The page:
Johan Larson @514:

I'm struck by the observation that for a movie about the hidden contributions of black women in the space race, none of the big names you cite are black, and only one is a woman.

That seems like an intriguing peephole into the current age.

#516 ::: Jenny Islander ::: (view all by) ::: January 07, 2017, 05:51 PM:

@Johan Larson no. 511: For a whole series of published first drafts, see Left Behind et seq. by LaHaye and Jenkins.

#517 ::: Johan Larson ::: (view all by) ::: January 07, 2017, 06:03 PM:

#515: The movie is set at NASA in the early sixties. They could hardly avoid having a number of roles for white men.

It seems a bit odd that the actresses cast for the three principal roles aren't more famous. Only one of them (Octavia Spencer, who is an honest-to-God Oscar winner) might be called a major figure. You'd think these roles would have major black actresses lining up around the block. Are there so very few famous black actresses? Or did the director hire for something other than star power?

#518 ::: Elliott Mason ::: (view all by) ::: January 07, 2017, 06:05 PM:

514, 515: Especially since one of the leads is Janelle Monae, who is a bestselling singer and performance artist, and a central figure of a group of avant-garde explorationists akin to the one that Andy Warhol gathered around himself.

Only they're all Black, so most white Americans have no idea at all.

Just about the only one of Ms. Monae's songs to hit mainstream pop radio:

#519 ::: Elliott Mason ::: (view all by) ::: January 07, 2017, 06:09 PM:

Janelle Monae is also creating a lot of science fiction in the form of songs. Like this one.

#520 ::: Elliott Mason ::: (view all by) ::: January 07, 2017, 06:29 PM:

Johan Larson @517: It's telling that you don't think Janelle Monae and Taraji P. Henderson are major stars.

I've already covered Ms. Monae on previous rocks. Ms. Henderson has an extensive filmography ( ) as a producer and actor, most recently at the hearts of the TV series "Person of Interest" and "Empire", both of which were significant commercial successes.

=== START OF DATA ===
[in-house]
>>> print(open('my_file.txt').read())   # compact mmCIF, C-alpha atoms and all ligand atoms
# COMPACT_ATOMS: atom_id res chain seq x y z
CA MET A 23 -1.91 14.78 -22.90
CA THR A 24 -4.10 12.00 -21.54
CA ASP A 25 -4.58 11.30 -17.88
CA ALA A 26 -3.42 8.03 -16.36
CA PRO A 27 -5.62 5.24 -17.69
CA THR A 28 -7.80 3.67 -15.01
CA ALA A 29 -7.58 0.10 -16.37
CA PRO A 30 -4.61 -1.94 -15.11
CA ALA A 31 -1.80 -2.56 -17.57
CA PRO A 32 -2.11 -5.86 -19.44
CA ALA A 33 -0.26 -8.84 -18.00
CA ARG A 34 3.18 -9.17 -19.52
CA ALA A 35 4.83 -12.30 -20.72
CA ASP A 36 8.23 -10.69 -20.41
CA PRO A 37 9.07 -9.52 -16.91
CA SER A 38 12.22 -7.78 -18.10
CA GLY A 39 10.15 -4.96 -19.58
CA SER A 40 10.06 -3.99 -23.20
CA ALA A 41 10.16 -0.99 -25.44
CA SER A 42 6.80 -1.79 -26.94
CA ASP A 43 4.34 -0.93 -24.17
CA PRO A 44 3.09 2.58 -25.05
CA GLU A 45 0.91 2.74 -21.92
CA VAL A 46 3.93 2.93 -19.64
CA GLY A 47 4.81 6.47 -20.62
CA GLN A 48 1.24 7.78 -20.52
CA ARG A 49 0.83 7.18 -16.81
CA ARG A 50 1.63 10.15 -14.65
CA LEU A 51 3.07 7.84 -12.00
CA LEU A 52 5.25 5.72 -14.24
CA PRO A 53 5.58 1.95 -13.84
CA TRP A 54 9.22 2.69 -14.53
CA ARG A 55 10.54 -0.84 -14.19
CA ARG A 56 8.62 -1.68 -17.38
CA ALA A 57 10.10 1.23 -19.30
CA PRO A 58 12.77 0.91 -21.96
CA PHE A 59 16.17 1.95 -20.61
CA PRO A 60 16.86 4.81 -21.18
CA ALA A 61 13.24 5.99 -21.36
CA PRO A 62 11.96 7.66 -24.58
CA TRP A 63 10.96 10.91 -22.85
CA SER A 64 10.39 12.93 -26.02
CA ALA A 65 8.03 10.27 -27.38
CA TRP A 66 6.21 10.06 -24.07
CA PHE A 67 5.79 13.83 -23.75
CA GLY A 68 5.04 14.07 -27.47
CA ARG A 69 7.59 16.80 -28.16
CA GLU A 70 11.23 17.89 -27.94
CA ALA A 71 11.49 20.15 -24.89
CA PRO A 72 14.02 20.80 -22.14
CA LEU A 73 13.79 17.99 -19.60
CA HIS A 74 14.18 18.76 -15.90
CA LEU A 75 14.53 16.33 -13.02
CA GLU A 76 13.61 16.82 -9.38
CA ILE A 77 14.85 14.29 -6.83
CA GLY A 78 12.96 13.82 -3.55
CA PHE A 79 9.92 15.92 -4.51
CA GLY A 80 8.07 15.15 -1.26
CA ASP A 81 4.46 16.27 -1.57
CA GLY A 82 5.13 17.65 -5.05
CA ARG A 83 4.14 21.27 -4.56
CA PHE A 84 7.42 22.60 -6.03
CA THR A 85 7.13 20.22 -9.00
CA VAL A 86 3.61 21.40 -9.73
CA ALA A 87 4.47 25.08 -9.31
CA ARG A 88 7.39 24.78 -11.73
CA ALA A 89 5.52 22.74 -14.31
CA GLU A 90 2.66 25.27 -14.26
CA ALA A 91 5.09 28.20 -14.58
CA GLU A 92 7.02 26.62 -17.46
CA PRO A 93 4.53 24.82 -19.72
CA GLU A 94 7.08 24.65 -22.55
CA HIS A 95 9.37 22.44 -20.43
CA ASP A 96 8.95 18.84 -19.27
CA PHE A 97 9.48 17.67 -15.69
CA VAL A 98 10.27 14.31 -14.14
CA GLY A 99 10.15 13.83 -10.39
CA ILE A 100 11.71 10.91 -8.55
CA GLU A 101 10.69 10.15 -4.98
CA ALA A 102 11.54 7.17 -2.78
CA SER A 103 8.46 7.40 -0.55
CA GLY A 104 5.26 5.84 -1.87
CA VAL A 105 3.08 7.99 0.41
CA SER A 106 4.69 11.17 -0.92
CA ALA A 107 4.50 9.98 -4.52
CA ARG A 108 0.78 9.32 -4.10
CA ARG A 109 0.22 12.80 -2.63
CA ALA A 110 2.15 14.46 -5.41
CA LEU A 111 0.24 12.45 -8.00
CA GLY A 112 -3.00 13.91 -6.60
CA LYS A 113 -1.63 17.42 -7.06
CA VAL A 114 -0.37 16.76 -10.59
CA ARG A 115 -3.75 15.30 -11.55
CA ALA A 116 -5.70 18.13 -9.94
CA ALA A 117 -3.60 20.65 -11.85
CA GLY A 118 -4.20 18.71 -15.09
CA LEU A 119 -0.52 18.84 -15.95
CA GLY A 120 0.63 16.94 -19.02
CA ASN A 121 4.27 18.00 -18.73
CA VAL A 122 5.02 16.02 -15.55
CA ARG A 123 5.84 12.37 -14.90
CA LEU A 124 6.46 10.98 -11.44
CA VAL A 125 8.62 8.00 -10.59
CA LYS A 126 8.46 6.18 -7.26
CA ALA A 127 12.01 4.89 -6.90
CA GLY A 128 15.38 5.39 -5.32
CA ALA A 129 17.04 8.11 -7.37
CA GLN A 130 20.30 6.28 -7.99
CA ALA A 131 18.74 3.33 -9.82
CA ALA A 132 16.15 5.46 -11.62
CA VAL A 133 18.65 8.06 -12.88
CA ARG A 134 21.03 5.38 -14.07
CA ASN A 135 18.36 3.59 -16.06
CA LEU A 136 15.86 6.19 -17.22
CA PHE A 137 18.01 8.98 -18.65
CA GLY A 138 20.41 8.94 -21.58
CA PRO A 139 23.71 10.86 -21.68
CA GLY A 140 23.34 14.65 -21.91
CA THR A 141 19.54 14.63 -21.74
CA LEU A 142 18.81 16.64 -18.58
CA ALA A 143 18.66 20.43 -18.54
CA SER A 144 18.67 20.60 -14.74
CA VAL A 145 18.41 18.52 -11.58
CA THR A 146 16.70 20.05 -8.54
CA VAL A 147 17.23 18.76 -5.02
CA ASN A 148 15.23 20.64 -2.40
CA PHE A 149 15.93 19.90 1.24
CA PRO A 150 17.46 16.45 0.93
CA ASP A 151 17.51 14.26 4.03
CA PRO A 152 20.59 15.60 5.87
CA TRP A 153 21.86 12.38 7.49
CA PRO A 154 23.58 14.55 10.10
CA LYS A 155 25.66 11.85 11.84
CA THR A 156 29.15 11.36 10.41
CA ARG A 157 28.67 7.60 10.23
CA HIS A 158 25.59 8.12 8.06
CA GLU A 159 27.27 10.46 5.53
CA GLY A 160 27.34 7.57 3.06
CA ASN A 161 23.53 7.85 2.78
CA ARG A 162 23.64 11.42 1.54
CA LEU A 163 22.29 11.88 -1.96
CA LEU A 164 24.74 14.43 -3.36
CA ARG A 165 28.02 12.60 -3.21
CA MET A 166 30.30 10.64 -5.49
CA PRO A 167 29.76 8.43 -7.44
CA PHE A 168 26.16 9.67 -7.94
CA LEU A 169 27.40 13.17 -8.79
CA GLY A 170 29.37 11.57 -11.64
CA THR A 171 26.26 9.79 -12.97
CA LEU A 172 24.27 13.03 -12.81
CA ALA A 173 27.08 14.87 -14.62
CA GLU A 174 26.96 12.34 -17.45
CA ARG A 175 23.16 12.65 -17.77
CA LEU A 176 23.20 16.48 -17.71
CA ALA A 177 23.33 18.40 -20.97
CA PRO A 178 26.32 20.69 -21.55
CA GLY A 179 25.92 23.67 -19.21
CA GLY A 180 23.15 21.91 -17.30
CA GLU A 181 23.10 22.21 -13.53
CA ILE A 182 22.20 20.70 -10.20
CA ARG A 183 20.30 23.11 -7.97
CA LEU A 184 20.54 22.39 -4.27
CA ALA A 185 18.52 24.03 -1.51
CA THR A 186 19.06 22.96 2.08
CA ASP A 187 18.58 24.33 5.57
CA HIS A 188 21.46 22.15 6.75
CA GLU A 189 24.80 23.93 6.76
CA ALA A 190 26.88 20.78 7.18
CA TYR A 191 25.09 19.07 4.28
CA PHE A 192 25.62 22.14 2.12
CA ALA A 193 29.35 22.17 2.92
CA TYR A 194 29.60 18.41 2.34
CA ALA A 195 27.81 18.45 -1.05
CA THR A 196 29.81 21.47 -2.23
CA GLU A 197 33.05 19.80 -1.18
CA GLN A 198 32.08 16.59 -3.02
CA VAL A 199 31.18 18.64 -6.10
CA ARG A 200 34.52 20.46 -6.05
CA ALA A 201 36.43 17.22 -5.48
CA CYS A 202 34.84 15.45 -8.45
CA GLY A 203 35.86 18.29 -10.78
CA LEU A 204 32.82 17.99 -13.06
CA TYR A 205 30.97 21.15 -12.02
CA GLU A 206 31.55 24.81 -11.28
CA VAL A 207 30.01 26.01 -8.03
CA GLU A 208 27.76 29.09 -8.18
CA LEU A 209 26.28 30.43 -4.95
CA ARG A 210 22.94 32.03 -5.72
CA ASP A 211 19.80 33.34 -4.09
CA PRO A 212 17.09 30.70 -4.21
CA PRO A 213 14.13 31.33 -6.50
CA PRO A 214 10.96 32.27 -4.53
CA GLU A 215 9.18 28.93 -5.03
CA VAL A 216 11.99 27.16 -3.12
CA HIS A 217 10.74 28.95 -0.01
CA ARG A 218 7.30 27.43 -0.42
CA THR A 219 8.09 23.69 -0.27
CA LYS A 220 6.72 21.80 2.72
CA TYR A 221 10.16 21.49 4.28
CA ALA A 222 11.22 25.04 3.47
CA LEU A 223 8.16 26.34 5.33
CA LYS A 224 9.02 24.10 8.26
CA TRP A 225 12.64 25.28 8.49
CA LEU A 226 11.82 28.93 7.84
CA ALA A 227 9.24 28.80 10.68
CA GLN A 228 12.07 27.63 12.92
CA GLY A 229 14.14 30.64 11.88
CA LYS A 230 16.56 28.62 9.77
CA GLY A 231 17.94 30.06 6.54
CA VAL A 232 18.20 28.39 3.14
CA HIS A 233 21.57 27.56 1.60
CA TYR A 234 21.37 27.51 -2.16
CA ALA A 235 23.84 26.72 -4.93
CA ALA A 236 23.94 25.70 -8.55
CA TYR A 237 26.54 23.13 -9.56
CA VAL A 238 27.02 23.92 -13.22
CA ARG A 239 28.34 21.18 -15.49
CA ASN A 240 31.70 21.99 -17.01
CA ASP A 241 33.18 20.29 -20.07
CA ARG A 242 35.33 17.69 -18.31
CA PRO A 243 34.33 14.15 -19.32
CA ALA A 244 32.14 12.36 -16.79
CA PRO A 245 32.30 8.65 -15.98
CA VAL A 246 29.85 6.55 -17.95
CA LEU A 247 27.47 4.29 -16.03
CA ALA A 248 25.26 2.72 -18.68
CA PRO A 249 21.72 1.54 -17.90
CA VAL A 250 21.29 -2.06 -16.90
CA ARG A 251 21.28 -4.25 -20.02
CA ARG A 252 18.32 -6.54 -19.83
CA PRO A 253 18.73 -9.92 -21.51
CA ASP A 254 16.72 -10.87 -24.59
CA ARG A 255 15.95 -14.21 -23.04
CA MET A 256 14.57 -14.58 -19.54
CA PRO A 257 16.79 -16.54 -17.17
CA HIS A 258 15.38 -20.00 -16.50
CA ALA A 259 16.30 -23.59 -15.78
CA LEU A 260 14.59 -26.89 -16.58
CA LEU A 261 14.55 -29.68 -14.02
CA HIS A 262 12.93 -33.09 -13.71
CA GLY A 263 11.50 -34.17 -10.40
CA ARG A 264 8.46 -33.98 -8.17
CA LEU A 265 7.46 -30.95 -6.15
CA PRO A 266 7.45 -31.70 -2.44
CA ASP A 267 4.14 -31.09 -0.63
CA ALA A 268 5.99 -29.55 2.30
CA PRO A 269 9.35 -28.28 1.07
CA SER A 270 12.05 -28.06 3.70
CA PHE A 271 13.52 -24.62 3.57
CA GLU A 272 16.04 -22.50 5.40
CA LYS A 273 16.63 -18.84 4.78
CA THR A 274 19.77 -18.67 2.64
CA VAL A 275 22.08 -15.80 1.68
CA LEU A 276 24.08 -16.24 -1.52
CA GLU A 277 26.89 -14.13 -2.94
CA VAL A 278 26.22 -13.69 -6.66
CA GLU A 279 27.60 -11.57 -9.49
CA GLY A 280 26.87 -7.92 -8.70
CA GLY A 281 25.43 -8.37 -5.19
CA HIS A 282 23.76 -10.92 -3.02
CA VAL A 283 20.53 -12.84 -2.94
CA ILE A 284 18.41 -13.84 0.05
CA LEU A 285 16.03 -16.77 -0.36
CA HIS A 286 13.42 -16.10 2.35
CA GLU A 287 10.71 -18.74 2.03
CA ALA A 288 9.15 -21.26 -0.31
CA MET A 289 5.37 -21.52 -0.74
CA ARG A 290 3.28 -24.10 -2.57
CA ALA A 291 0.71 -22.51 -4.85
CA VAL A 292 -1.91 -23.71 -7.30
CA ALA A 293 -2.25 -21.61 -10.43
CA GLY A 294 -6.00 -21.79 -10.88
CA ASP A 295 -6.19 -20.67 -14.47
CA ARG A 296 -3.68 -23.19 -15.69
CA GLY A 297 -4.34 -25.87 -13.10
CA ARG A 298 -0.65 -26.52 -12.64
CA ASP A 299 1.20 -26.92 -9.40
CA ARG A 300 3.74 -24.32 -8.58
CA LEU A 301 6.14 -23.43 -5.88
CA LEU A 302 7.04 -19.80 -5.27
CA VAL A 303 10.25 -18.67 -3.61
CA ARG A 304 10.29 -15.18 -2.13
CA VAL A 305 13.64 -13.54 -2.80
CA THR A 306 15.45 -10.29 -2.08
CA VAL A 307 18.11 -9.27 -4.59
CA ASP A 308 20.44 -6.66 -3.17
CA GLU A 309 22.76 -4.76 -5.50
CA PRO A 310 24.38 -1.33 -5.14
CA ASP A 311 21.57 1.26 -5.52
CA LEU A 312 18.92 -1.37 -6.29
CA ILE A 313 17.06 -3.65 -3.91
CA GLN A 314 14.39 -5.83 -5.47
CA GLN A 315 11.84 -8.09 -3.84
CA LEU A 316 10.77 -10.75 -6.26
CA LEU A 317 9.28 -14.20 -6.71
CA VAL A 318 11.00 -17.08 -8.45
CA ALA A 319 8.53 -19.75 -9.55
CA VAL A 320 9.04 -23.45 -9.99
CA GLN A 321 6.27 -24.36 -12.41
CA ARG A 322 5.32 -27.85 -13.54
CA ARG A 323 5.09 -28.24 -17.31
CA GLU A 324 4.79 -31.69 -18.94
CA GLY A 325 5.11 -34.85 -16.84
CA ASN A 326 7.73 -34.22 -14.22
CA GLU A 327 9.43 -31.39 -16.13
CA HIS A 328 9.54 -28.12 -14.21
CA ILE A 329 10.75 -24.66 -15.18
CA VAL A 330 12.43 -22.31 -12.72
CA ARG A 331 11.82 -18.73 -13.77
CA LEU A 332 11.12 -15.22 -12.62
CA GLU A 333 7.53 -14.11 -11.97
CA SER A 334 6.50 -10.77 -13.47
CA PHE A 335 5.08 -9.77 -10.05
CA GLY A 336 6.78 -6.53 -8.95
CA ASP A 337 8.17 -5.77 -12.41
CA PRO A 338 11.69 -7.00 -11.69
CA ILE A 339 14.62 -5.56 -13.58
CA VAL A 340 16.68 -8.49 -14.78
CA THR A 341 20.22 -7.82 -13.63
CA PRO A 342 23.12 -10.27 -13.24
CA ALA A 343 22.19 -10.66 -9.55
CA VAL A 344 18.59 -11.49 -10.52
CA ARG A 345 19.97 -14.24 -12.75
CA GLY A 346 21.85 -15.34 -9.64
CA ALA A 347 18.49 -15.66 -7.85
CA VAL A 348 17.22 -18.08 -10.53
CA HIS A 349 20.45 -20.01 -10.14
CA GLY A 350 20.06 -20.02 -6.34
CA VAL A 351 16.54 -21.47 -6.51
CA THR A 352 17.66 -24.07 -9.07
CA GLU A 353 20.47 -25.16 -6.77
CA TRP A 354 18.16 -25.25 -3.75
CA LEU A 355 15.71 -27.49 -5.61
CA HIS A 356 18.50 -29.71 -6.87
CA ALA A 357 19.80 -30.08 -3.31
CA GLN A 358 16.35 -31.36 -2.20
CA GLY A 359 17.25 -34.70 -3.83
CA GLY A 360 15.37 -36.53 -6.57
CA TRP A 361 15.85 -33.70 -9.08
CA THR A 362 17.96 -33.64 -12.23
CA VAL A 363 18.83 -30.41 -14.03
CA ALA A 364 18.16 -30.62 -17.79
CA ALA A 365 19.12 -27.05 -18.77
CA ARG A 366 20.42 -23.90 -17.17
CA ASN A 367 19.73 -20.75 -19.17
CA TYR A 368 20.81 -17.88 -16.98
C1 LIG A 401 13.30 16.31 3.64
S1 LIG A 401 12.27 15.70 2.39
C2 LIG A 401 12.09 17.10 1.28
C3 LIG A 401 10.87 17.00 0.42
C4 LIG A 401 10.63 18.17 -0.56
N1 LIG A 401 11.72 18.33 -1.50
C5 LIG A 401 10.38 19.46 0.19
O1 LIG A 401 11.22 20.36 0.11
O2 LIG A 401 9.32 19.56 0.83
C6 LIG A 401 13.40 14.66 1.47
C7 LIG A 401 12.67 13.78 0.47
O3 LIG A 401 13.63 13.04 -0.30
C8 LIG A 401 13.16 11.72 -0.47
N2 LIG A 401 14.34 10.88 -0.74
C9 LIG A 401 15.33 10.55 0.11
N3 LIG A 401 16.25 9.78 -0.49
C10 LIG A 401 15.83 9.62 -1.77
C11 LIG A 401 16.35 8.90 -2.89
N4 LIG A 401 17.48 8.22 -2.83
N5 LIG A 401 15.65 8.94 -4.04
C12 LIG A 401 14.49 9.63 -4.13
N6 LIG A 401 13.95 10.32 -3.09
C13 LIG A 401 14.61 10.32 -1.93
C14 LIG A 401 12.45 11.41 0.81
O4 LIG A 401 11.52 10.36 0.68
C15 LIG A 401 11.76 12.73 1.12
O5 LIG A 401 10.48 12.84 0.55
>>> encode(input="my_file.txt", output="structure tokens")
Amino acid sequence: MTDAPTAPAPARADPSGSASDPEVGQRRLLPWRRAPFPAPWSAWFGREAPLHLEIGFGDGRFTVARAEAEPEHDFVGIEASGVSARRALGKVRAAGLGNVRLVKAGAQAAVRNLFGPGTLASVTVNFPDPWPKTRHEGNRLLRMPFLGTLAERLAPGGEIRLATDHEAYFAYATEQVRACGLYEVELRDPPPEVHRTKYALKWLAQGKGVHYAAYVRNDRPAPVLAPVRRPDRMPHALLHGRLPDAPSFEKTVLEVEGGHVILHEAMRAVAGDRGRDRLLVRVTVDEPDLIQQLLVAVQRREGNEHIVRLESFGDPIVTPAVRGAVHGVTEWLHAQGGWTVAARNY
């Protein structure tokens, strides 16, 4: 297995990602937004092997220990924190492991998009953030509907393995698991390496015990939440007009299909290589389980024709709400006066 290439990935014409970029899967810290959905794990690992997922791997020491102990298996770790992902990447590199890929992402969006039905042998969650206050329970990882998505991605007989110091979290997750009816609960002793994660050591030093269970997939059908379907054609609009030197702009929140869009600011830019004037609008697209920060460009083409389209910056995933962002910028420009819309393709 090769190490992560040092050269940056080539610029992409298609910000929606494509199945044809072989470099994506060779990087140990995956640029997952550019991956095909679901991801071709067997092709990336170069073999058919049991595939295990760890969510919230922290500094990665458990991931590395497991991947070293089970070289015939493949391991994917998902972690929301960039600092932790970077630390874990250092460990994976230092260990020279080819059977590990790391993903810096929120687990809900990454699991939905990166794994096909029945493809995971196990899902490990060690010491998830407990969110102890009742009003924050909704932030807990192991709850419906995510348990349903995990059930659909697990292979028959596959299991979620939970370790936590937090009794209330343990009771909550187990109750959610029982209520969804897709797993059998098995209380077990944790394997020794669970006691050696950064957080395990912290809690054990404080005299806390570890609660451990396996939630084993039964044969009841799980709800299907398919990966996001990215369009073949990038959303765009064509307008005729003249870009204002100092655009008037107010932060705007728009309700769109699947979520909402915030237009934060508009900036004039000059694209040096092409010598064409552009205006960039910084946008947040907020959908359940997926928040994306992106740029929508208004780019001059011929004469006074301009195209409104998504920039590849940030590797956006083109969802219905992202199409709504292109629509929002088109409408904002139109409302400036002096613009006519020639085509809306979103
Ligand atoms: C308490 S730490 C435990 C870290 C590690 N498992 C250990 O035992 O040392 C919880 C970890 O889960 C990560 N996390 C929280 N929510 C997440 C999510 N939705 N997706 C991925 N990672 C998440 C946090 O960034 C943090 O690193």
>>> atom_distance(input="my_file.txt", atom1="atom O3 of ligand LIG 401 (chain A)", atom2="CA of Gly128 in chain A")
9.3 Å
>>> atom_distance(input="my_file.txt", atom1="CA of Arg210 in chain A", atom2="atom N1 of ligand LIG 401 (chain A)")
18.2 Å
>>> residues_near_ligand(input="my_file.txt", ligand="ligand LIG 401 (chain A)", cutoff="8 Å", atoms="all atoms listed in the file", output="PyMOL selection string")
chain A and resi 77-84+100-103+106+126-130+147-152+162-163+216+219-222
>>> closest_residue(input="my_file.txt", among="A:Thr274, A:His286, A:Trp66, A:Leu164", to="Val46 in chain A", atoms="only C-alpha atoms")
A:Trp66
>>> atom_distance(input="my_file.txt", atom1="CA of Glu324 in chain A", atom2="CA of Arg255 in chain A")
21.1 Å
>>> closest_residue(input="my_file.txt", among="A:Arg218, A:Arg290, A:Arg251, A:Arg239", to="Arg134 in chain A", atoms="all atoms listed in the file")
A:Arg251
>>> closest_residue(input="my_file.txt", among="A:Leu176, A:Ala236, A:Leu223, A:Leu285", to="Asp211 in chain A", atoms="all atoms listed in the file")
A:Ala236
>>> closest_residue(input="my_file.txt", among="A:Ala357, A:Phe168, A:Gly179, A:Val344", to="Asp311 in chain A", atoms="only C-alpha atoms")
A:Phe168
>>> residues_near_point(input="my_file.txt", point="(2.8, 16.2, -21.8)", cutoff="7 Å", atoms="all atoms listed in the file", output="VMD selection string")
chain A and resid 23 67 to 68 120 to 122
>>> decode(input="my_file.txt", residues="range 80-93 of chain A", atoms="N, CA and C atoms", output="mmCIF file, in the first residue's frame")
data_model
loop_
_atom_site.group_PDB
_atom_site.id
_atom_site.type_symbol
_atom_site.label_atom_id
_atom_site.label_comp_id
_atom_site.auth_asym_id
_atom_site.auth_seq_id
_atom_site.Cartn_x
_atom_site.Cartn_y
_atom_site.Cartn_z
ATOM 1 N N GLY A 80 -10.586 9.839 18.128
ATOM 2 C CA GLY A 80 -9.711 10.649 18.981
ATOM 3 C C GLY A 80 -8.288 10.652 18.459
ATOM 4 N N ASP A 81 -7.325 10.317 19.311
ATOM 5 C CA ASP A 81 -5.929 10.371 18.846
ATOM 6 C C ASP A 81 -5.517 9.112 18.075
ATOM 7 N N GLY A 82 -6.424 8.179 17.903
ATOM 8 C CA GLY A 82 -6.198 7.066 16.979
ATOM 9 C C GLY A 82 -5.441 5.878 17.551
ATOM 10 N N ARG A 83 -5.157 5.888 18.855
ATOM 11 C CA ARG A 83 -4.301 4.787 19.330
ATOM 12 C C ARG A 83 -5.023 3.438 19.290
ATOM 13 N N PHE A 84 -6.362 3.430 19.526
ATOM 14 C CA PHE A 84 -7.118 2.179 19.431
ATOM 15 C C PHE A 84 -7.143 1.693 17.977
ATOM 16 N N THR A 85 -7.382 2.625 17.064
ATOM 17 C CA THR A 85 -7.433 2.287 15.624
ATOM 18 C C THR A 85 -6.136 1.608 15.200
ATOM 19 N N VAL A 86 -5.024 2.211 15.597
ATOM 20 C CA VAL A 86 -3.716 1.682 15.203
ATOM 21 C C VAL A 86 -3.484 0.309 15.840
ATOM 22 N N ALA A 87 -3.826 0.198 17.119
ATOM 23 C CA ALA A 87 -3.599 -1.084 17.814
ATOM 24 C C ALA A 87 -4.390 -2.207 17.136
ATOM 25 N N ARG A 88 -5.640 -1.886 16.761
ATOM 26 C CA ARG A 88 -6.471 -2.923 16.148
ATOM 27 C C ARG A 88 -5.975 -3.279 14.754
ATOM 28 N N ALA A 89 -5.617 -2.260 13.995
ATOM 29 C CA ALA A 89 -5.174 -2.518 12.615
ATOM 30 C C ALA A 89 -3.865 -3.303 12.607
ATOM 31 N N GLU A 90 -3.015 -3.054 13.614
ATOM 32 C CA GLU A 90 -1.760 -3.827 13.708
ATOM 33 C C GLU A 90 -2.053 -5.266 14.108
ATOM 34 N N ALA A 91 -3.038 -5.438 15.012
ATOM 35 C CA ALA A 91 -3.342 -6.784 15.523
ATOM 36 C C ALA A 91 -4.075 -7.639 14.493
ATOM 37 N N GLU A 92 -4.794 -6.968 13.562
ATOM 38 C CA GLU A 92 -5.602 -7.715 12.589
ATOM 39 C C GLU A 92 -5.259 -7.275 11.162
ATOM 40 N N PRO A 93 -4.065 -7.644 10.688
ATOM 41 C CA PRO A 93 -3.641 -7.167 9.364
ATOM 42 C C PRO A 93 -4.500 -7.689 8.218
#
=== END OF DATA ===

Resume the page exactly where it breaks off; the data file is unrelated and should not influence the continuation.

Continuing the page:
She's performed on stage at the Oscars (as a singer for one of the nominated songs, in 2006).

But there are so few Black actors of any gender allowed to take lead (or even second-billing) parts in major Hollywood movies that I bet most white film fans couldn't list more than 6, off the top of their heads.

This is not because the Black world of cinema and TV is lacking powerhouse emotional volcano stars. It's just that white moviemakers refuse to hire them.

#521 ::: nerdycellist ::: (view all by) ::: January 07, 2017, 06:59 PM:

I saw Hidden Figures last week and adored it. Despite the fact that it was released in my market at the end of the year so it could be considered for the Oscars (it better be considered...) this was most definitely NOT a "broccoli" movie ("... just watch it - it'll be good for you!"). I am planning on seeing it again in the next week or so. I found when discussing this with my older, midwestern relatives, that the only description that made them remember the trailers for the film were "that Kevin Costner movie". I have no idea if the trailers and ads they got were different than in my market, or whether their bias somehow erased "you know, that movie with the African American ladies at NASA" and they only noticed the famous white dude. *sigh*

This was a great film regardless, but it reminded me that at this point there's no point in my watching another movie about say, the space race or WWII unless you're going to tell a story haven't seen. So many fascinating people with breathtaking stories and we only ever hear about the white males. Over and over again.

#522 ::: Heather Rose Jones ::: (view all by) ::: January 07, 2017, 08:14 PM:

B. Durbin @ 513

The un-massaged transcriptions (i.e., my mother's transcription) as far as I've gotten are here:

My more heavily edited, cleaned up, and annotated version is going up on my blog here:

#523 ::: Heather Rose Jones ::: (view all by) ::: January 07, 2017, 08:21 PM:

I just saw Hidden Figures this afternoon and add my voice to the recommendations. It didn't pull many punches about casual racism. I guess maybe you could call it "pulling punches" that the three central characters all overcame that racism to achieve impressive careers. But it would have been an entirely different movie it if had been the story of not overcoming. And it's biography, so it's not feel-good invention, though I'm curious to know if John Glenn really was as open-minded as he's portrayed to be.